This past week I, along with a number of other community leaders, received a letter from a 6th grade teacher in Cairo, Illinios named Mrs. Goff. Mrs Goff described her small town of Cairo as having a "history of decline and conflict related to racial tensions." She wrote that although she tries to broaden her students' worldview regarding topics of human rights and social justice, all too often it falls on deaf ears. She then wrote about one experience that changed this for her students: A documentary about the Holocaust called Paper Clips.
After watching the film, the students in her 6th grade class decided they wanted to undertake a project of "understanding, honor, and prevention." They want to focus on the children that perished under the Nazis and they are asking for pennies. Their request is for one penny which they will add to their memorial that will include names and stories of the lives of the children that were killed. Mrs. Goff concluded the letter by stating: "I am trying to teach them that this great tragedy needs to be a lesson to stop hatred and that there is a fine line between uttering the word hate and acting on it."
The Torah section we will be reading this Shabbat contains one of the longest and most repetitive narratives of the Five Books of Moses. It is the story of Avraham sending off his servant, Eliezer, to bring back a wife for his son, Yitzhak. While Avraham is giving instructions to his servant about the type of woman he should look for, Eliezer becomes nervous. He says to his master, "Perhaps the woman will not follow me." The Hebrew word for "Perhaps" can be spelled in two different ways: with or without a vav. In this instance it is spelled אלי which can also be read as to me. What Eliezer actually said to Avraham was that if he would be unsuccessful to bring home a bride for Yitzhak, then he would want his own daughter to marry him; he wanted the honor to be to me (see comments of Rashi to verse 24:39).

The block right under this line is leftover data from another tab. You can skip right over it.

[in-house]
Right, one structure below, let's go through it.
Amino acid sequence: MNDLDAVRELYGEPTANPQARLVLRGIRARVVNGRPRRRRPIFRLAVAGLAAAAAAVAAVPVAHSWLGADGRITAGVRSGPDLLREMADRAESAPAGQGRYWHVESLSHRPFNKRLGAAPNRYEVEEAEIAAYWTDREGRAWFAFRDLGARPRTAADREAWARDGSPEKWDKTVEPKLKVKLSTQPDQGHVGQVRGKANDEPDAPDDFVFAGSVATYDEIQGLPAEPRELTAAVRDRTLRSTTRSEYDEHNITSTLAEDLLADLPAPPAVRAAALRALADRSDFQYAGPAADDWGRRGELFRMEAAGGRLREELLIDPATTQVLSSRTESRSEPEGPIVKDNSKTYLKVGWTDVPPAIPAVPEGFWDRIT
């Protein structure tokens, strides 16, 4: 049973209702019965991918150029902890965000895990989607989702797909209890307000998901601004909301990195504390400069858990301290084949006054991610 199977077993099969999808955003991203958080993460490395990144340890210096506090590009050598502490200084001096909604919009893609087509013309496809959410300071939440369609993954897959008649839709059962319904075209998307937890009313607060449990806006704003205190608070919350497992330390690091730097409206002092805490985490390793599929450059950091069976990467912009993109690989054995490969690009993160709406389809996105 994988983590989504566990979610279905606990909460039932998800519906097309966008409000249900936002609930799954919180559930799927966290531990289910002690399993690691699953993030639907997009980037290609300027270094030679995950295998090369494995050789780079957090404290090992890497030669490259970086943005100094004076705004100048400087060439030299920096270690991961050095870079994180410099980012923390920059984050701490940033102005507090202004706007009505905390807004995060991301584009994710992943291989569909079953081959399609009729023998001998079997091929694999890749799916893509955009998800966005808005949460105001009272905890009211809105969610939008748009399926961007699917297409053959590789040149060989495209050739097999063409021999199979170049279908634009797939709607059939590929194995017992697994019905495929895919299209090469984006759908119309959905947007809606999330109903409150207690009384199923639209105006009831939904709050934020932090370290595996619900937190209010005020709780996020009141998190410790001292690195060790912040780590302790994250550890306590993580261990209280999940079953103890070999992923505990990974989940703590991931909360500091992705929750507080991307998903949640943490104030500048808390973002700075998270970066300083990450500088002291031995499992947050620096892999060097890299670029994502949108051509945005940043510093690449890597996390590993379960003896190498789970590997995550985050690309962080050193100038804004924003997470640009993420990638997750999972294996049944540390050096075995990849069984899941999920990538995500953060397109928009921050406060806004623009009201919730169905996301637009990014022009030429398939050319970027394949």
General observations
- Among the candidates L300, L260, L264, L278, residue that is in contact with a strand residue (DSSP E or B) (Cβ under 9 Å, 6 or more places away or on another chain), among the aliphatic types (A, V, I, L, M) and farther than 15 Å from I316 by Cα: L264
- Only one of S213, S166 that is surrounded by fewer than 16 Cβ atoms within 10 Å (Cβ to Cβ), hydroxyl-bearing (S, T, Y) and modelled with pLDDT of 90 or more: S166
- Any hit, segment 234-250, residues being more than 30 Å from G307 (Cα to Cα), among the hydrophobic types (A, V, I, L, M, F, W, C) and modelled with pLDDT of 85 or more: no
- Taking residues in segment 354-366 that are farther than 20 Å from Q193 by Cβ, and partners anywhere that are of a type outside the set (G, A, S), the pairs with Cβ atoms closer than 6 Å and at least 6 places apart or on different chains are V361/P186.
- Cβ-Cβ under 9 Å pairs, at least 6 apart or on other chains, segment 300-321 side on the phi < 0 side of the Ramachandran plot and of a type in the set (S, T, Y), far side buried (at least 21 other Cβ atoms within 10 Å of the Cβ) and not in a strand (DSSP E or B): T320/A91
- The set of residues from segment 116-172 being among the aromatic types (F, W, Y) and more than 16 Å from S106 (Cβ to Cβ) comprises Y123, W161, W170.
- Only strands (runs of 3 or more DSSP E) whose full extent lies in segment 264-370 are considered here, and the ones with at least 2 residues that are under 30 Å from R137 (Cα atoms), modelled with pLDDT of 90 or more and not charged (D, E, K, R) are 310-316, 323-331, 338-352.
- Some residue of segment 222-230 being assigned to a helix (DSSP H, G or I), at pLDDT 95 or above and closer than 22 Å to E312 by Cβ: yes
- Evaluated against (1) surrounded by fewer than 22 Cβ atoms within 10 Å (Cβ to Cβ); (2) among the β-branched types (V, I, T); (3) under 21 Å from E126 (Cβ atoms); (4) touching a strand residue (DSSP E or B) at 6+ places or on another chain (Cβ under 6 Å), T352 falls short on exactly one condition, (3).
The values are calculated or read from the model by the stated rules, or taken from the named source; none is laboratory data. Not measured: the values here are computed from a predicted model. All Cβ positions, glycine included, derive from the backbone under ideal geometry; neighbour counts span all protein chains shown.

Most people in this situation would not have given this mission their complete attention. After all, if he is unsuccessful then his daughter has a chance at marrying a very eligible suitor. He could have returned to Avraham empty handed and hoped that the chips would fall in his favor. Instead, Eliezer acted faithfully for his master Avraham. He saw a greater mission than what was immediately in front of him. Although he wouldn't come to any personal gain, he felt it necessary to remove his own interests in favor of doing what was best for the future of the Jewish nation.
In life, rarely is the easy choice also the right one. We sometimes have to make a choice between doing something that will benefit us and doing something that won't give us any personal gain but will be of great value to others. The children living in Cairo, Illinois took upon themselves a mission to go beyond themselves and do something that will benefit the world. I hope that their project is a success and that it is one that we can all learn from.
To find out more about this project you can visit their Facebook page at Pennies as Promise.